Neuroscientists at Georgetown University Medical Center (GUMC) and Germany’s Technische Universität München report that they’ve identified the brain mechanism responsible for tinnitus and chronic pain — the symptoms that can persist long after an initial injury.
In an article slated to appear in the October 2015 issue of Trends in Cognitive Sciences, researchers explain that identifying the underlying problem is the first step to developing effective therapies for tinnitus and chronic pain. In their article, the scientists describe how the neural mechanisms that normally “gate” or control noise and pain signals can become dysfunctional, leading to a chronic perception of these sensations. In their study, the researchers traced the flow of these signals through the brain and showed where “circuit breakers” should be working, but aren’t.
In both disorders, according to the research team, the brain has been reorganized in response to an injury in its sensory apparatus. Tinnitus can occur after the ears are damaged by loud noise or other issue, but even after the brain reorganizes itself, it continues to “hear” a constant hum or drum. Chronic pain can occur from an injury that often is healed elsewhere in the body but persists inside the brain.
“Some people call these phantom sensations, but they are real, produced by a brain that continues to ‘feel’ the initial injury because it cannot down-regulate the sensations enough,” said Josef Rauschecker, PhD, DSc, director of the Laboratory for Integrative Neuroscience and Cognition at GUMC. “Both conditions are extraordinarily common, yet no treatment gets to the root of these disorders.”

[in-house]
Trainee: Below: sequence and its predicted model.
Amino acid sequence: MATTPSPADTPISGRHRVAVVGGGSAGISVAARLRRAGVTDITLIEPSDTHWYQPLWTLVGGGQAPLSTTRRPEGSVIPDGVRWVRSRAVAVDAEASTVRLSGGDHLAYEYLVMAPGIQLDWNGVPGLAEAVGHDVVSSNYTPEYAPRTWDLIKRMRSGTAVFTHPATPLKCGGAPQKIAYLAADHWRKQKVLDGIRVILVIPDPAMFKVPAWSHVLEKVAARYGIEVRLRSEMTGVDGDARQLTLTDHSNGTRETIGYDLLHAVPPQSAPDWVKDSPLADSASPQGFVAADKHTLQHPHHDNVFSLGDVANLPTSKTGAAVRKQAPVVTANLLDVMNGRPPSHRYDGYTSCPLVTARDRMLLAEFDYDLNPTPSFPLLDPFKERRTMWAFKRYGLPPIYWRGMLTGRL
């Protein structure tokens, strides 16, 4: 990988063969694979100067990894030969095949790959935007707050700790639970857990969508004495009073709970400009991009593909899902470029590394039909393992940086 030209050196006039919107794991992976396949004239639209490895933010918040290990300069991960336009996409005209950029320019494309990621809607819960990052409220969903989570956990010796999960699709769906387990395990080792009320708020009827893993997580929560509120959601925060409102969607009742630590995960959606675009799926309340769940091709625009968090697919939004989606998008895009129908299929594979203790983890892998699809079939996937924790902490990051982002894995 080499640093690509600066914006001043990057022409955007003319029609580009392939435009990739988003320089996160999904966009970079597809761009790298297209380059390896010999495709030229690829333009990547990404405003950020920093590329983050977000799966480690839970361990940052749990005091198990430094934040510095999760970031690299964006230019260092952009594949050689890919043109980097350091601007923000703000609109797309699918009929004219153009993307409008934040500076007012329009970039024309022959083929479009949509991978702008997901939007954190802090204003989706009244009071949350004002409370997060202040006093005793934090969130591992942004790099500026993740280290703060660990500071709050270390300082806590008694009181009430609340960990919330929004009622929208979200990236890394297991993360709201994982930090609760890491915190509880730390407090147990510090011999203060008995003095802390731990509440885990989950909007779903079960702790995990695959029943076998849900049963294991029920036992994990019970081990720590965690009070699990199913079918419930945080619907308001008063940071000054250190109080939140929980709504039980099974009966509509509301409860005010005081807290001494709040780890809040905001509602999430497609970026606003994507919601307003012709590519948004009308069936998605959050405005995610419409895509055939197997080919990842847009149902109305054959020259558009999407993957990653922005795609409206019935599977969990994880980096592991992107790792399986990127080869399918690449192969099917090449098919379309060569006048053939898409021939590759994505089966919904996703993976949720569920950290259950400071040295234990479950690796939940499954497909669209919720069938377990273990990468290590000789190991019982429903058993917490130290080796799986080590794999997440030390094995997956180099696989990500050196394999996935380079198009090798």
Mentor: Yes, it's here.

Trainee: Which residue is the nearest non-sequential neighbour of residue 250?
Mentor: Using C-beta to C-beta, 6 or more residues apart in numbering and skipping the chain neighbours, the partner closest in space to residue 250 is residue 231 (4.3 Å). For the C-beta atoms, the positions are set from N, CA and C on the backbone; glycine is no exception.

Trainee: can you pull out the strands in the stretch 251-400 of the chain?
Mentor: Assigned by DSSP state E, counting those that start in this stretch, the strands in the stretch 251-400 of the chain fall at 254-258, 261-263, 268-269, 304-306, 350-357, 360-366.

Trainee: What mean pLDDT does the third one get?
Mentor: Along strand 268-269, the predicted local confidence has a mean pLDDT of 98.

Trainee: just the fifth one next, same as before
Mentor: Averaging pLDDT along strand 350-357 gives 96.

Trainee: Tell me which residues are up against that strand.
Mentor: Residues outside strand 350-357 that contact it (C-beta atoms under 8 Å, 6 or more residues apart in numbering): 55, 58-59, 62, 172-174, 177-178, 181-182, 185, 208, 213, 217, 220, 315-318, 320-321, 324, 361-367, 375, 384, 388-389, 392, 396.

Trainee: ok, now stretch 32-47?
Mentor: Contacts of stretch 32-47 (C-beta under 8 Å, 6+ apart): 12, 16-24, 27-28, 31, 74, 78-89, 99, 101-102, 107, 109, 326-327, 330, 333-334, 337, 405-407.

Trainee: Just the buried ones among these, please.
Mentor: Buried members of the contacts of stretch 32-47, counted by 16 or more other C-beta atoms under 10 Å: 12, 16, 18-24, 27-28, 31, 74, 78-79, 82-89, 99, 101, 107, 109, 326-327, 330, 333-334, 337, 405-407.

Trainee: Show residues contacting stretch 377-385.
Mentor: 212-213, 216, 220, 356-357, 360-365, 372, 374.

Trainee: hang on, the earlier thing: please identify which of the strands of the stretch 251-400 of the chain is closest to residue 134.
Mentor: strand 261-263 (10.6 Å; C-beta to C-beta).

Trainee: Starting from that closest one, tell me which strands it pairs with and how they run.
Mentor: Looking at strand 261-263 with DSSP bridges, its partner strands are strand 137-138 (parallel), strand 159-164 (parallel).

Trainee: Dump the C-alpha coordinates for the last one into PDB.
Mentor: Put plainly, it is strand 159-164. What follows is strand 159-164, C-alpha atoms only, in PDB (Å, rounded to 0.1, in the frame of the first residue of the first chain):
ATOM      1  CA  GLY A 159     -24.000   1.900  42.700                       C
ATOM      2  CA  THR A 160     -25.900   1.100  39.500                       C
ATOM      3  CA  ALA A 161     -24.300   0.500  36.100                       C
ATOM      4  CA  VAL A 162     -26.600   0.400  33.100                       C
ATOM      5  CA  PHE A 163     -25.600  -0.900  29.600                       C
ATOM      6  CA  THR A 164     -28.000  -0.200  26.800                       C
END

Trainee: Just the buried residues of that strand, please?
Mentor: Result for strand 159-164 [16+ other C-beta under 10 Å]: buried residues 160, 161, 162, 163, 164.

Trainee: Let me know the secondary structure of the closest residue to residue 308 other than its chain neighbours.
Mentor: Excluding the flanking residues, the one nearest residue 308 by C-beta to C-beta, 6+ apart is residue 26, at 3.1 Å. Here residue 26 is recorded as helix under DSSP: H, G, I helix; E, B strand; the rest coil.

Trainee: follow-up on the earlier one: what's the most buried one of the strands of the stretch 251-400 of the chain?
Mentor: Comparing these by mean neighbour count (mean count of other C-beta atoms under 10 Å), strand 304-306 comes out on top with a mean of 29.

The researchers report that areas of the brain responsible for these errant sensations are the nucleus accumbens, the reward and learning center, as well as other brain regions that serve “executive” or administrative roles, such as the ventromedial prefrontal cortex (VNPFC), and the anterior cingulate cortex. All of these areas are also important for evaluating and modulating emotional experiences, according to Rauschecker.
“These areas act as a central gatekeeping system for perceptual sensations, which evaluate the affective meaning of sensory stimuli — whether produced externally or internally — and modulate information flow in the brain. Tinnitus and chronic pain occur when this system is compromised,” Rauschecker says. He notes that other issues often arise in concert with tinnitus and/or chronic pain, such as depression and anxiety, which are also modulated by the nucleus accumbens. Uncontrollable or long-term stress is another important factor in these symptoms.
The brain plasticity that produces some of these changes provides hope that this gatekeeping role can be restored. Because these systems rely on transmission of dopamine and serotonin between neurons, drugs that modulate dopamine may help restore sensory gating.
“Better understanding could also lead to standardized assessment of individuals’ risk to develop chronic tinnitus and chronic pain, which in turn might allow for earlier and more targeted treatment,” said Markus Ploner, MD, PhD, a consultant neurologist and Heisenberg Professor of Human Pain Research at the Technische Universität München (TUM) in Germany.
Rauschecker, an expert in tinnitus, collaborated with Ploner, who studies chronic pain, during his senior fellowship at the Institute of Advanced Study at TUM. Co-authors include Audrey Maudoux, MD, PhD, from GUMC and Elisabeth May, PhD, from TUM.
For a related story, read this article describing a research study from McGill University Medical Centre that looks at the neuropathic pathways of pain–or, “pain in the brain.”